I spend a lot of time talking about the Massachusetts health care delivery system, mostly to researchers, legislators, employers, advocates, and the like, but rarely do I have the opportunity to speak directly with consumers.
Yesterday, I had the pleasure to do so at a Health Care for All (HCFA) Consumer Health Quality meeting. This Council is comprised of volunteers that have been personally impacted by medical errors or quality deficiencies. I applaud their commitment to injecting the consumer voice and perspective into key health care policy discussions and legislative debates.
I was asked to present to the Council on the Division's work and how consumers can play a role in transforming the health care delivery system. It was a great opportunity to share some of the key findings of our Health Care Cost Trends 2010 Final Report and highlight our policy recommendations as they relate to consumers.
We engaged in a very important discussion about issues like cost, quality, wellness, and transparency. The latter topic was a strong area of interest for the attendees, as it is also for the Division. I mentioned the agency's current work on developing the all-payer claims database (APCD). While the APCD is not the solution to mitigating health care costs, we strongly believe that by offering full access to the true price of our own medical utilization – doctor visits, hospitalizations, diagnostic tests and the like – we can lift the veil that currently masks the full price tag we all pay toward health care. Accurate, detailed, transparent data should be the driver of decision-making for policymakers, employers, and consumers.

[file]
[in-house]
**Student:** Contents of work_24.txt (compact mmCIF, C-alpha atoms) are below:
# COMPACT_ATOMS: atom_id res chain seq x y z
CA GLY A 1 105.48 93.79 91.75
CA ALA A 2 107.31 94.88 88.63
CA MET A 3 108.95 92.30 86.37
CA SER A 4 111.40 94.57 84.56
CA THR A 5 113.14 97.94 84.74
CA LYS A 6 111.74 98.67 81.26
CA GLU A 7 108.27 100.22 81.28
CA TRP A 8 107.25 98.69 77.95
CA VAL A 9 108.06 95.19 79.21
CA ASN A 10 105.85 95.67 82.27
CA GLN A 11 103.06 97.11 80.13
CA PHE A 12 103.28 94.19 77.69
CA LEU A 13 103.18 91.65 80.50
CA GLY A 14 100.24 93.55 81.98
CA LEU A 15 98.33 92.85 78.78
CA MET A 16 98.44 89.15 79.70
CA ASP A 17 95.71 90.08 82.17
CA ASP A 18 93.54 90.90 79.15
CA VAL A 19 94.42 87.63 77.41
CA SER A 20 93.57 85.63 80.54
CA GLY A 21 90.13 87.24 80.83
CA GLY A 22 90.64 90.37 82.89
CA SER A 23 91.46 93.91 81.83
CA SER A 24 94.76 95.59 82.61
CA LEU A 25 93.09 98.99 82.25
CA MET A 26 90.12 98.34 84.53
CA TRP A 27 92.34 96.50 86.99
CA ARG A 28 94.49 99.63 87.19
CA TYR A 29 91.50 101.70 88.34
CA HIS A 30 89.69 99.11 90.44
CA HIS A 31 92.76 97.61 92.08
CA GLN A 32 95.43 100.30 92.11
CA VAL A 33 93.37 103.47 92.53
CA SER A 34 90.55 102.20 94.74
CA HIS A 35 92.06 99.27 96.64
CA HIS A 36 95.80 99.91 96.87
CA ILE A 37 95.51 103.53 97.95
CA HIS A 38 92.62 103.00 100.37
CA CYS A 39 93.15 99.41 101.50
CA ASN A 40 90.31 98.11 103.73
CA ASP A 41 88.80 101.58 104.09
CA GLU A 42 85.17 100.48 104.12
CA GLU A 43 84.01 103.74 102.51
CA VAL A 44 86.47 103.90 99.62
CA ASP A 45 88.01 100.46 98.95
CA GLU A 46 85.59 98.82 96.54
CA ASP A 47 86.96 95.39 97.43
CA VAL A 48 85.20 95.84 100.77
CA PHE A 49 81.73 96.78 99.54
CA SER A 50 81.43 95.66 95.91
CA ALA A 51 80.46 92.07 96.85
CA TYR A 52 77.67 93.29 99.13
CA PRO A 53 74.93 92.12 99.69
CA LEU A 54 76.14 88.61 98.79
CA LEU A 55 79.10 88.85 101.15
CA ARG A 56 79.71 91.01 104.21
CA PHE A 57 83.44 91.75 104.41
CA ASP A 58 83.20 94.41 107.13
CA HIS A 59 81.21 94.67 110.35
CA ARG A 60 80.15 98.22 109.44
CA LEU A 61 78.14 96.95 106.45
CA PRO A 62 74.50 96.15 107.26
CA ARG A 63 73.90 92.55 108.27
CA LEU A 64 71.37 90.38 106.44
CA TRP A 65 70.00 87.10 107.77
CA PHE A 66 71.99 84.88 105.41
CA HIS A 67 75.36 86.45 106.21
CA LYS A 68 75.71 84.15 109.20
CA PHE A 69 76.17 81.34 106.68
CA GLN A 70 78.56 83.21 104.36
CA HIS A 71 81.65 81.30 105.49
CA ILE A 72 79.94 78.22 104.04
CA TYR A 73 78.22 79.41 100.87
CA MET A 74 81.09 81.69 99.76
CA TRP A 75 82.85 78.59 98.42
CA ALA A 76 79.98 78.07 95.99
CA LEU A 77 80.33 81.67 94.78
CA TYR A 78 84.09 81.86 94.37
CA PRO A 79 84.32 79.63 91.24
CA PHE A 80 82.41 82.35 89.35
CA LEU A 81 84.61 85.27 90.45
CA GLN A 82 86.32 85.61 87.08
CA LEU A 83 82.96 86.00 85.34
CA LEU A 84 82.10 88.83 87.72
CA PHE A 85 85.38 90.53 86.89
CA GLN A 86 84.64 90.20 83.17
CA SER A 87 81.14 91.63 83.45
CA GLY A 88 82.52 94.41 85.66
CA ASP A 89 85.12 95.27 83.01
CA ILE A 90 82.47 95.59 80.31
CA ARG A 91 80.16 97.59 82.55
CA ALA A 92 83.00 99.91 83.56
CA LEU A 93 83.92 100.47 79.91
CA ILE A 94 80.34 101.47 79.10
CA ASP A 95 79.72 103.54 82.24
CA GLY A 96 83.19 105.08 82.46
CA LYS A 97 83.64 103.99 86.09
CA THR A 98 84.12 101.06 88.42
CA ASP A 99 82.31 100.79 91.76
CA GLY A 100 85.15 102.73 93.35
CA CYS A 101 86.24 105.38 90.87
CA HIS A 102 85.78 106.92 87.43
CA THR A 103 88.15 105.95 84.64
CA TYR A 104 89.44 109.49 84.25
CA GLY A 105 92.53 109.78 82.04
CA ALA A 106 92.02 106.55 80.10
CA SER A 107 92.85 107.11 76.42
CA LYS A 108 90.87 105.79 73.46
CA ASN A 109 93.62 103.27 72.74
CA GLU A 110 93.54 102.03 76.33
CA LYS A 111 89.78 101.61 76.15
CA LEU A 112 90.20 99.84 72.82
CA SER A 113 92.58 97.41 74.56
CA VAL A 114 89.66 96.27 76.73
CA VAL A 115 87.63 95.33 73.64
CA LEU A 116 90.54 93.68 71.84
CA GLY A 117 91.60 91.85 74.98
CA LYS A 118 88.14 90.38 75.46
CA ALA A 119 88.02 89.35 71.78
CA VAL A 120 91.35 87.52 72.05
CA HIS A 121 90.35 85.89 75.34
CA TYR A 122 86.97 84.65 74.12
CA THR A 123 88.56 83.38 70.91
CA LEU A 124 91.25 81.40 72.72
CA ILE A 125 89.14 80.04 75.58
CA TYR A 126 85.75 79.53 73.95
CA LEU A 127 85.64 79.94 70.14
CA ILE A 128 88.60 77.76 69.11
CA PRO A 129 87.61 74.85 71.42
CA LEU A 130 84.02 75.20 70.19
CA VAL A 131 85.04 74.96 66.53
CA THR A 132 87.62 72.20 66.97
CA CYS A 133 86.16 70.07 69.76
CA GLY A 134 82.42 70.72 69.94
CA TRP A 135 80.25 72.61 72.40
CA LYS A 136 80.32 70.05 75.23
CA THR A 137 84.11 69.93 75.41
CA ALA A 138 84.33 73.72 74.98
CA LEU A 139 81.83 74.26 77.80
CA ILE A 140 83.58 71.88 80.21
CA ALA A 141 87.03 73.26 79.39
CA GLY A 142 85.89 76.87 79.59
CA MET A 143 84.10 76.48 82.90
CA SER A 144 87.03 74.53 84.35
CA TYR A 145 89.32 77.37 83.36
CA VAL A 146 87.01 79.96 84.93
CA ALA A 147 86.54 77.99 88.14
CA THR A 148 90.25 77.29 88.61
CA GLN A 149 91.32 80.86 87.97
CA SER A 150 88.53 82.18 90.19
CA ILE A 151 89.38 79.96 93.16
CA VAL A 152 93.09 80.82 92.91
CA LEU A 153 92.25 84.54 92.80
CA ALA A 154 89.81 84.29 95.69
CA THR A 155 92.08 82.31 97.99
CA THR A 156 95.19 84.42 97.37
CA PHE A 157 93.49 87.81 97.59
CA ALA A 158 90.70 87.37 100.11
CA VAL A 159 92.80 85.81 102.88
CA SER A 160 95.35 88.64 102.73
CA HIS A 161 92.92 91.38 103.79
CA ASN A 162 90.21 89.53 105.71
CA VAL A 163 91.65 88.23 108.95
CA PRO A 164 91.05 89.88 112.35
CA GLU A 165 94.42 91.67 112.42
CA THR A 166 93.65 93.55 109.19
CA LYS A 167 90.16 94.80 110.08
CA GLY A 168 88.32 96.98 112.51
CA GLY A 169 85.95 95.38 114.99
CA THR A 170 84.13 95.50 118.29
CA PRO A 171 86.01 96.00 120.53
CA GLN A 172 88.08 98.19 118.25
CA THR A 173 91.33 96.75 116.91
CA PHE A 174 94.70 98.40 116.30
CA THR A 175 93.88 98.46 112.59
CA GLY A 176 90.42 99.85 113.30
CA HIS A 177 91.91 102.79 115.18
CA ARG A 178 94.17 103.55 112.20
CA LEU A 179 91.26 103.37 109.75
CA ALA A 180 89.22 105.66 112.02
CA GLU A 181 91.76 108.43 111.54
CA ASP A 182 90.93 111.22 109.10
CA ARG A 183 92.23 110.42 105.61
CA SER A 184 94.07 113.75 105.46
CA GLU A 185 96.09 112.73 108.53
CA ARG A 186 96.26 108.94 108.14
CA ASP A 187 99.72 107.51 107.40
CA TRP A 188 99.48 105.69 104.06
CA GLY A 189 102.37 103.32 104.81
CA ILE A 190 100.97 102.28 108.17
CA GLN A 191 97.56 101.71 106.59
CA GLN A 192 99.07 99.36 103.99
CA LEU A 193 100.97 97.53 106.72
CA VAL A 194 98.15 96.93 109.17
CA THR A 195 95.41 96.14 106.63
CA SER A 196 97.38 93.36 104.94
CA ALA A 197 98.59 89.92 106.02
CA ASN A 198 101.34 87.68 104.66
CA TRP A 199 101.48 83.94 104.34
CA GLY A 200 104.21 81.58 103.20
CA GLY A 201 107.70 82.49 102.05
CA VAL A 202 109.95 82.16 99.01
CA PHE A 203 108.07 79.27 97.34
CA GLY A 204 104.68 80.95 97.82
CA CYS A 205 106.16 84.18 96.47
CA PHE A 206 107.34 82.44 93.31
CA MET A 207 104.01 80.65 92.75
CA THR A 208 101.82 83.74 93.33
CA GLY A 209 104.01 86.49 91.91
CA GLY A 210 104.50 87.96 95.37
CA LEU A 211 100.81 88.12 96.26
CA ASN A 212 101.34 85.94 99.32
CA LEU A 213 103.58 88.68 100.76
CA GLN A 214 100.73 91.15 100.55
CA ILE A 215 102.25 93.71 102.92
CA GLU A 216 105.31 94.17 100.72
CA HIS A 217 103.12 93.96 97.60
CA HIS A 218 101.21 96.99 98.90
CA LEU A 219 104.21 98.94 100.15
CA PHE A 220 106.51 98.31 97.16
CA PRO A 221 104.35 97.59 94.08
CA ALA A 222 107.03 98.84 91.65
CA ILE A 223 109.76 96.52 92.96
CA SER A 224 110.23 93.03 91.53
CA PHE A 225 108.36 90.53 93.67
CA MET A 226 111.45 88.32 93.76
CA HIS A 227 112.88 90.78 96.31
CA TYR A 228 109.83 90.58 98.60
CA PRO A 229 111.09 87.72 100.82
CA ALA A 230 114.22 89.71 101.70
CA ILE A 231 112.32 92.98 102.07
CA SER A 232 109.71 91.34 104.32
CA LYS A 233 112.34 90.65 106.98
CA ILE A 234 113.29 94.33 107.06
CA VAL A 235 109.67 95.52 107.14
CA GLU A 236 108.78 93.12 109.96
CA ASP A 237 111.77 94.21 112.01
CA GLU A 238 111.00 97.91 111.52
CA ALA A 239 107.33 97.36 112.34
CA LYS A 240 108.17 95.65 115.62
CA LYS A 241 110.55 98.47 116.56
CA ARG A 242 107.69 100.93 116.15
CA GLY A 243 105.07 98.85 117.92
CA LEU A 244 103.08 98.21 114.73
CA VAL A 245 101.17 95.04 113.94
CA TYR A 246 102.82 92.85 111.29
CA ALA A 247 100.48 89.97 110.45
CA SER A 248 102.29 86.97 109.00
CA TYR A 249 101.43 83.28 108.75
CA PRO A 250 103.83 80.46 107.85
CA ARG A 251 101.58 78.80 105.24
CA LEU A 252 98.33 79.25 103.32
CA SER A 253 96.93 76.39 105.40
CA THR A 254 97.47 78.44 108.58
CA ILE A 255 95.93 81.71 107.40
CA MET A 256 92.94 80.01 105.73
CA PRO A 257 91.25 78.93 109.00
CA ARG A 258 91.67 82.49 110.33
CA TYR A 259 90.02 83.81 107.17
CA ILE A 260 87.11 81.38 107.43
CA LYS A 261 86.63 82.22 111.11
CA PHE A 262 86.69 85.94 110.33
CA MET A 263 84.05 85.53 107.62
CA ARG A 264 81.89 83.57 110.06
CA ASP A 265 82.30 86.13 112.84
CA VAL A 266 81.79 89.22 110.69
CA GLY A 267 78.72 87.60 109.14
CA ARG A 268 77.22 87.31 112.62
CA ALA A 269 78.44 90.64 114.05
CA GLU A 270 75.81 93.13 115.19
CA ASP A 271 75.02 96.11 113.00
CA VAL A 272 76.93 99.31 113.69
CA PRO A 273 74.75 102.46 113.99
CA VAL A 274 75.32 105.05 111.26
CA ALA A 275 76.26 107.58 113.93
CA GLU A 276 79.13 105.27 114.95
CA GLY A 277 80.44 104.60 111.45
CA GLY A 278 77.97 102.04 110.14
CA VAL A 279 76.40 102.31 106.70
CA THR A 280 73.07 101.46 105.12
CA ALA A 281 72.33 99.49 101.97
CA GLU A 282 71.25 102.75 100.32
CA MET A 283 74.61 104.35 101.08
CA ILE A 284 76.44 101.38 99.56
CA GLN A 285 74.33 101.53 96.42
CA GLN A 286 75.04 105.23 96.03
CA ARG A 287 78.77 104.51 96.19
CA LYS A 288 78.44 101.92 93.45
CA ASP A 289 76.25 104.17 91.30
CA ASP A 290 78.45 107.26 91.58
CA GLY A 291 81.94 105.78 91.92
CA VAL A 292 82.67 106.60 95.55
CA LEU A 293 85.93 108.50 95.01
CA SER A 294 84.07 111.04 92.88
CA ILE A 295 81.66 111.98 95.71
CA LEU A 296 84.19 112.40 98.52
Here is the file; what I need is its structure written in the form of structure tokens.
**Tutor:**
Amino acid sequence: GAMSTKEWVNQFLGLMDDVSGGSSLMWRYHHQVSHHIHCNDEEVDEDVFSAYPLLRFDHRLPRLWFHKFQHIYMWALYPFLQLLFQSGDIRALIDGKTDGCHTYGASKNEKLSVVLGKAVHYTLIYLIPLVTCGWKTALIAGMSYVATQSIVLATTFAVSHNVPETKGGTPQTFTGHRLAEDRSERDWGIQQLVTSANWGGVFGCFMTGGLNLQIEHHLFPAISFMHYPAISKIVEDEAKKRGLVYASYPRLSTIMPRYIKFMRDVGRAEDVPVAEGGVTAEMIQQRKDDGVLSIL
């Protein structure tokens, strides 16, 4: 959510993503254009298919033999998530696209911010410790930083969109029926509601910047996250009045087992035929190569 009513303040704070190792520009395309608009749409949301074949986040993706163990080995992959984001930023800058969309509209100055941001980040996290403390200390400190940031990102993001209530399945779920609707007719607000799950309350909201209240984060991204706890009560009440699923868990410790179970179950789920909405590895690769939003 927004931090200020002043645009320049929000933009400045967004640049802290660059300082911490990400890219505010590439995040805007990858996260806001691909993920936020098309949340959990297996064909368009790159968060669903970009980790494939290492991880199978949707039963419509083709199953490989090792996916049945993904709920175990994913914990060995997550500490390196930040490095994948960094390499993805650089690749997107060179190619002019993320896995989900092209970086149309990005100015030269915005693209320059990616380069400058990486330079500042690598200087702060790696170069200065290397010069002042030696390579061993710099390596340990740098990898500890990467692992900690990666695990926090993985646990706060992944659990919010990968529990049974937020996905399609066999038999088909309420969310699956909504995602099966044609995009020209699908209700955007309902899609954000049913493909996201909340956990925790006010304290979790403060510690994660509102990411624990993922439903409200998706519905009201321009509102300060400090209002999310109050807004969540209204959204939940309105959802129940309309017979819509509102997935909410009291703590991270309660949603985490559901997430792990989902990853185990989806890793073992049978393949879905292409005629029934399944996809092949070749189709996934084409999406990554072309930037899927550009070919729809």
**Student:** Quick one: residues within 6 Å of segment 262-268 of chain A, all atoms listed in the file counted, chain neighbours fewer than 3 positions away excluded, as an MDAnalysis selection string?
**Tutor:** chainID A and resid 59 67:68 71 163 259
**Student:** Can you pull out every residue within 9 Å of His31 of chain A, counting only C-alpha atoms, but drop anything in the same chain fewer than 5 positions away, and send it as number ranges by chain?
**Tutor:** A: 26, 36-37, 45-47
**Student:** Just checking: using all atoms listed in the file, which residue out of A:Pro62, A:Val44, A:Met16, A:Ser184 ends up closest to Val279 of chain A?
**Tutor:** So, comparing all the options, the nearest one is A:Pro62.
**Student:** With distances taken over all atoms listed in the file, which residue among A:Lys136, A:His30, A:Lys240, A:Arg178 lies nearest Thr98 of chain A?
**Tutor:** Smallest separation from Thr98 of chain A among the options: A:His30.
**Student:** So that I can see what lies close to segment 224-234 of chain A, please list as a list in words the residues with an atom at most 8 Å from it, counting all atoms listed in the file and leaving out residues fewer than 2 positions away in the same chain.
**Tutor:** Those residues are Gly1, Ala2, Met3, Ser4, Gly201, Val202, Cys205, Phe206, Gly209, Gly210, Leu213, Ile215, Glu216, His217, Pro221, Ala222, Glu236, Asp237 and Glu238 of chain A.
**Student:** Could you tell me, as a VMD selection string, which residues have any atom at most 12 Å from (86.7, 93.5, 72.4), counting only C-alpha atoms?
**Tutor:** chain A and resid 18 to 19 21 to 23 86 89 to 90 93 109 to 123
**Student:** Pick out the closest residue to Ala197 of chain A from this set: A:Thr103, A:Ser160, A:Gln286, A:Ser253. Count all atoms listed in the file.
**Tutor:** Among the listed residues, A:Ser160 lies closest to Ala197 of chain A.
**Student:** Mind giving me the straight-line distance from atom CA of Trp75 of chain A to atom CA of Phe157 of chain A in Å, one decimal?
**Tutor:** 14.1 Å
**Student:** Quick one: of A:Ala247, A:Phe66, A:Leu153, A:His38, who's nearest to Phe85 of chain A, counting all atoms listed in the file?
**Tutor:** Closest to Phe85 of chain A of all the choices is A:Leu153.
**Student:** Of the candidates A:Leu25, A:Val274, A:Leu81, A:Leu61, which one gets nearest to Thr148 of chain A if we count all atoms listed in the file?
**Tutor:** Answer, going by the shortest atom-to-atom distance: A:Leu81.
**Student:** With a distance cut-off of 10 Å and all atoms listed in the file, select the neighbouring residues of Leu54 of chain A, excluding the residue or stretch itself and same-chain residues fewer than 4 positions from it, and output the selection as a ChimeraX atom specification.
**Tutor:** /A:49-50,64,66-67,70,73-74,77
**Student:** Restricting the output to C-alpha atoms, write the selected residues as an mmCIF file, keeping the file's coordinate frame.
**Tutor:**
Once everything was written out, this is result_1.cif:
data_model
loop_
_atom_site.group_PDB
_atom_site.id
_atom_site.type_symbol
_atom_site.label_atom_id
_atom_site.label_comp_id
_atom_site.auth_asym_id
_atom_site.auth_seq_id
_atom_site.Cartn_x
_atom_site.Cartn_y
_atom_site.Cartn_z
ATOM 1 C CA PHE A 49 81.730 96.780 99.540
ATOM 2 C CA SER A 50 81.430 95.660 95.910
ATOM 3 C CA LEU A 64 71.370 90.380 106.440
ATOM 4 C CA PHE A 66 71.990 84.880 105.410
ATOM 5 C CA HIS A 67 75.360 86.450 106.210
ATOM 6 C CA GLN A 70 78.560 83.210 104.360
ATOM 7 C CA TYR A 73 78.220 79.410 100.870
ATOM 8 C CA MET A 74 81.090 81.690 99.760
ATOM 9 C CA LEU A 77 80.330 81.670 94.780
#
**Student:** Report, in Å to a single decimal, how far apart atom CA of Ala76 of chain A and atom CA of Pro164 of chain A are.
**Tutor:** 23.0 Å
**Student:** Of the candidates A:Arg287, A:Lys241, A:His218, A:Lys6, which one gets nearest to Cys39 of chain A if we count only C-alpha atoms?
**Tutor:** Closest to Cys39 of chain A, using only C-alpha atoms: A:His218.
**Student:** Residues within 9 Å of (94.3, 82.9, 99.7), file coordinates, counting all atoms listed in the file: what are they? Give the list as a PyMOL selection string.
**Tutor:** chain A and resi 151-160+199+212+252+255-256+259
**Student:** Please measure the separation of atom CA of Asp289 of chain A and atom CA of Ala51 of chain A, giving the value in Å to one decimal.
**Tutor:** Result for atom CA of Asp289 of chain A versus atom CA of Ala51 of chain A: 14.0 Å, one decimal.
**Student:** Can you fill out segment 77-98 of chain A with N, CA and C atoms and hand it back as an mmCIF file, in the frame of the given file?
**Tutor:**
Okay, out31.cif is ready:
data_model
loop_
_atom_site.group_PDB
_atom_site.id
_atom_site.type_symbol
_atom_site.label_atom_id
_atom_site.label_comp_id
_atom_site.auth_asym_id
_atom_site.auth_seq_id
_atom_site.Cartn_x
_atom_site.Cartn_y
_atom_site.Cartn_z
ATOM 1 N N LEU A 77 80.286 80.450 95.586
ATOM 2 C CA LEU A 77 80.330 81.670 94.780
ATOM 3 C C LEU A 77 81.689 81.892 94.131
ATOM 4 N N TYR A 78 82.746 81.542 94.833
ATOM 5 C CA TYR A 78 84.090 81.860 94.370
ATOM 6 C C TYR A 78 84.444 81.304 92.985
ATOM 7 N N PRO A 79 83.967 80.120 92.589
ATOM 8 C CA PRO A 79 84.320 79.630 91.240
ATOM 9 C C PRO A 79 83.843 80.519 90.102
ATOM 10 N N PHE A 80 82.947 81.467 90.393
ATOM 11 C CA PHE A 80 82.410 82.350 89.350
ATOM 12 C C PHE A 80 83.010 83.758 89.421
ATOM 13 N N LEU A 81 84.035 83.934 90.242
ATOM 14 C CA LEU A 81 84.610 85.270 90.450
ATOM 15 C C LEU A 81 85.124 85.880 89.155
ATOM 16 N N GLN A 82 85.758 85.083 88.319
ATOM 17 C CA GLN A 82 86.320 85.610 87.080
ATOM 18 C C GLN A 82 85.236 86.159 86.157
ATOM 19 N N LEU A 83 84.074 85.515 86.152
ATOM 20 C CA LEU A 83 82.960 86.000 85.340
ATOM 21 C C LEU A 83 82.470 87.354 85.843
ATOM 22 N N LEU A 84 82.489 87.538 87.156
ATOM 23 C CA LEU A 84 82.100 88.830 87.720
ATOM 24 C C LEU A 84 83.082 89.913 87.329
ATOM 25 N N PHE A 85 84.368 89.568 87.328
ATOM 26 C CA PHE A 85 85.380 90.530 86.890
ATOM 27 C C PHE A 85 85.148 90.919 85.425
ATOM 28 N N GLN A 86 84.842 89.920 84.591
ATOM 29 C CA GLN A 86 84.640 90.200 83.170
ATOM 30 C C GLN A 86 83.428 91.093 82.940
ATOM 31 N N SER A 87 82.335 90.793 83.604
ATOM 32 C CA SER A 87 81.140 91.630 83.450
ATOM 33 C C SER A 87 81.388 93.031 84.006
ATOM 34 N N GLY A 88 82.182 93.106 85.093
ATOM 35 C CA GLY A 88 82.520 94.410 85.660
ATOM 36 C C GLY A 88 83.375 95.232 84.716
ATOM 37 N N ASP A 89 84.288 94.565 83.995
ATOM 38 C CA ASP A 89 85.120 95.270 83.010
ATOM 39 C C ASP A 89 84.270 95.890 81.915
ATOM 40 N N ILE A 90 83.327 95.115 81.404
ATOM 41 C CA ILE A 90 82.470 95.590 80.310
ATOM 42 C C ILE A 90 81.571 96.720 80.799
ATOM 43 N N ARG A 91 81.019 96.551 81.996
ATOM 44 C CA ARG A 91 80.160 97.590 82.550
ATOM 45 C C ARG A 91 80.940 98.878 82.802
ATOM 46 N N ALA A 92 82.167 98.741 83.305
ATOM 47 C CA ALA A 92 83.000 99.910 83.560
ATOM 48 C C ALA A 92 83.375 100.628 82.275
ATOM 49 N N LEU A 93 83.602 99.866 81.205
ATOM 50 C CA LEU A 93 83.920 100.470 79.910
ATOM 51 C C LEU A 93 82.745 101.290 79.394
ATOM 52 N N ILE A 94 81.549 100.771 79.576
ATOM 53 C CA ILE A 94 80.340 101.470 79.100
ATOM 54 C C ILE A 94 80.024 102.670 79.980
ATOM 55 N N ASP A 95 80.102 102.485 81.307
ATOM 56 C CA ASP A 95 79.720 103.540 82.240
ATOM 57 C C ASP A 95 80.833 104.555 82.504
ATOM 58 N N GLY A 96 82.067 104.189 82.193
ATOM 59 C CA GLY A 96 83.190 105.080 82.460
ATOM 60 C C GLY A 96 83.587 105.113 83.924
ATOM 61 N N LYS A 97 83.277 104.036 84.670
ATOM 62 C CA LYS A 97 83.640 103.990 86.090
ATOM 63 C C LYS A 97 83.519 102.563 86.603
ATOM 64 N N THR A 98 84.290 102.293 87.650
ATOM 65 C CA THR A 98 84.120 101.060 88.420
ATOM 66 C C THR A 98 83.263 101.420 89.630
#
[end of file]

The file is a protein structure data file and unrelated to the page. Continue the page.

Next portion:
Indeed, as one of the Council members noted, consumers must have access to user-friendly data that helps identify the highest quality care at the best possible value, rather than relying on anecdotal advice from family and friends. It is also essential that we, as consumers, better understand that our personal health habits and our health service utlization patterns are directly tied to the increasing cost of medical care as well as the cost of health insurance premiums.
We need more meetings and conversations like yesterday's to take place all across Massachusetts, where we are able to directly engage consumers and employers about rising health care costs. We must also continue developing the appropriate tools and resources for consumers so that they can become more prudent purchasers of health care.